Written and directed by David Ayer (“End of Watch,” 2012), “Fury” is set in April 1945—the European Theater’s final leg in World War II. Allies are making headway into Nazi Germany, despite desperate resistance from the enemy. Sgt. Don “Wardaddy” Collier (Brad Pitt; “Killing Them Softly,” 2012) has just lost the assistant driver of his tank—called the “Fury”—forcing inexperienced clerk Norman (Logan Lerman; “The Perks of Being a Wallflower,” 2012) to be a replacement for his crew. Collier’s faced with a double-edged sword of a challenge when he has to balance making Norman independent while protecting his five-person crew.
While it’s gorgeously photographed by cinematographer Roman Vasyanov (“The East,” 2011), Ayer makes the message of “Fury” crystal clear from the film’s opening shot—war is dirty, ugly, and never worth being romanticized, whether as part of revisionist history or in movies. The camera slowly pans through a dreary, foggy, and debris-filled landscape the writer-director wants viewers to experience. The visual storytelling doesn’t end there; Ayer intends to drill the tragedy of war through everyone’s brains in the most unsubtle way possible and follows this up sometime later with a shot where a tank crosses a heavy marshy land hiding the lifeless body of a human. The intent is to leave a lump down the audience’s throats, and if its writer and director’s filmmaking language is anything to go by, he seems to succeed through and through.
“Fury” relies on its poetic balance between cerebral and emotional storytelling. Its cerebral writing and direction focus on combat, deaths, and character (un)likability. The emotional side focuses on trauma, nuanced character arcs, and the internal ghost of the unlikable external shell. Ayer wants you to empathize with the psychological damage war causes those thrust into it but doesn’t let that veer him away from letting you know that none of these characters—apart from Norman to an extent—are likable or remotely good people. None of the soldiers here are glorified, nor is their strife romanticized for some hollow sense of patriotism.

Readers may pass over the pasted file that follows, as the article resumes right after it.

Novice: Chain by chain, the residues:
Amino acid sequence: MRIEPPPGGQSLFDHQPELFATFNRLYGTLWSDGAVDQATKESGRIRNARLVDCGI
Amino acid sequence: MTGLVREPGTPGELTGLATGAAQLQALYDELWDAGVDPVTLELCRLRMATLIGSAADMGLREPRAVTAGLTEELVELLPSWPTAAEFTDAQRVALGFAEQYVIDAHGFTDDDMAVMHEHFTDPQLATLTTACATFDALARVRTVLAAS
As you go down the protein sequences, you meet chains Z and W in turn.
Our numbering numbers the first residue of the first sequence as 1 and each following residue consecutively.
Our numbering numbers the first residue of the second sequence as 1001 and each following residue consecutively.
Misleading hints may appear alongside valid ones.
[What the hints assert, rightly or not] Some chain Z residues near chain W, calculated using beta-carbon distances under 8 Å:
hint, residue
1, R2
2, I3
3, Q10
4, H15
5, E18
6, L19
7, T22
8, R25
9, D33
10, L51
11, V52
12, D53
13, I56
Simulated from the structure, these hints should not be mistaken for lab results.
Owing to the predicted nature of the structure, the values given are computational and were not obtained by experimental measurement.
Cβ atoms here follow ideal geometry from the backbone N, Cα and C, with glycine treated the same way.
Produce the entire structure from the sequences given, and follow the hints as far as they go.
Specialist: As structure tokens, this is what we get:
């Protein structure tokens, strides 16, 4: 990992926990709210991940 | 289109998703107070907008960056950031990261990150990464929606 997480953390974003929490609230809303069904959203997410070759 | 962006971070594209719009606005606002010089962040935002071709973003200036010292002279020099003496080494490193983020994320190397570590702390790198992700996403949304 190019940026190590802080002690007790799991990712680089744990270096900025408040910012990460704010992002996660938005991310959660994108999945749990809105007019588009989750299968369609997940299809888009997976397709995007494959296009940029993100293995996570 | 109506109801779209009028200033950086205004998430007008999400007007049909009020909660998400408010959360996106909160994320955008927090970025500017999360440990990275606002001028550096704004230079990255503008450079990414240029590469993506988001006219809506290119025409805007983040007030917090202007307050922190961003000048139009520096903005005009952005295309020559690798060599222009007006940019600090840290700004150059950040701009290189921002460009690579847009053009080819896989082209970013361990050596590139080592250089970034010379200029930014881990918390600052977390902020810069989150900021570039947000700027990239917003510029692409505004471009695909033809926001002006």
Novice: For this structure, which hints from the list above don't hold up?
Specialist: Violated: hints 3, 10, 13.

His decisions succeed phenomenally because the characters feel consistently like real human beings. The audience doesn’t need to like its characters or relate to them. There will, however, be a significant chance they’ll be able to understand the circumstances that got them there. The crew’s decisions throughout the narrative are downright despicable at times. Jon Bernthal (“The Wolf of Wall Street,” 2013) plays Grady “Coon-Ass” Travis—probably the most unpleasant character of the group, but even here, he’s not turned into a caricaturish douchebag and gets his moments of vulnerability. Michael Peña (“American Hustle,” 2013) and Shia LaBeouf (“Nymphomaniac,” 2013) give us two extremes; the desperation to keep it together and the misery to end it all. And they’re both incredible at it.
However, most of the dramatic heft in “Fury” is shouldered by Pitt and Lerman. The former is unsurprisingly exceptional. He fires on all cylinders in a film that requires him to balance between being externally emotionless and internally emotionally vulnerable. Pitt’s character might look the part of a stereotypical leader of his crew, but—in a crucial and excellently acted scene—when he’s forced to move aside and give himself respite by emotionally breaking down and snapping out of it a few seconds later—you realize this is not the kind of war movie you end up seeing now and then. Lerman is the audience insert and the easiest to empathize with because of how suddenly he is—and by proxy, we are—transported into a situation he has zero experience. From his body language to the delivery of each dialogue, Lerman plays his role with restraint, making you want to tear through the screen and hug him.
Ultimately, “Fury” seems like a tough film to make precisely because of how easy it is to indulge in the romanticization of making a moving, awards-friendly war film. Tonally reminiscent of two stark opposites—“Apocalypse Now” and “The Thin Red Line”—the film blends an objective look at combat with an introspective point of view of how the horrors of war affect its many characters. Whether or not its realism works ultimately depends on the viewer, but I found it the most brutally honest war film that understands that sometimes, some things need to be told as they are. Filled with breathtaking cinematography, measured edit decisions by Dody Dorn (“Memento,” 2001), and gritty, white-knuckle action set pieces, Ayer’s newest is a necessary watch on the best cinema screen you can find.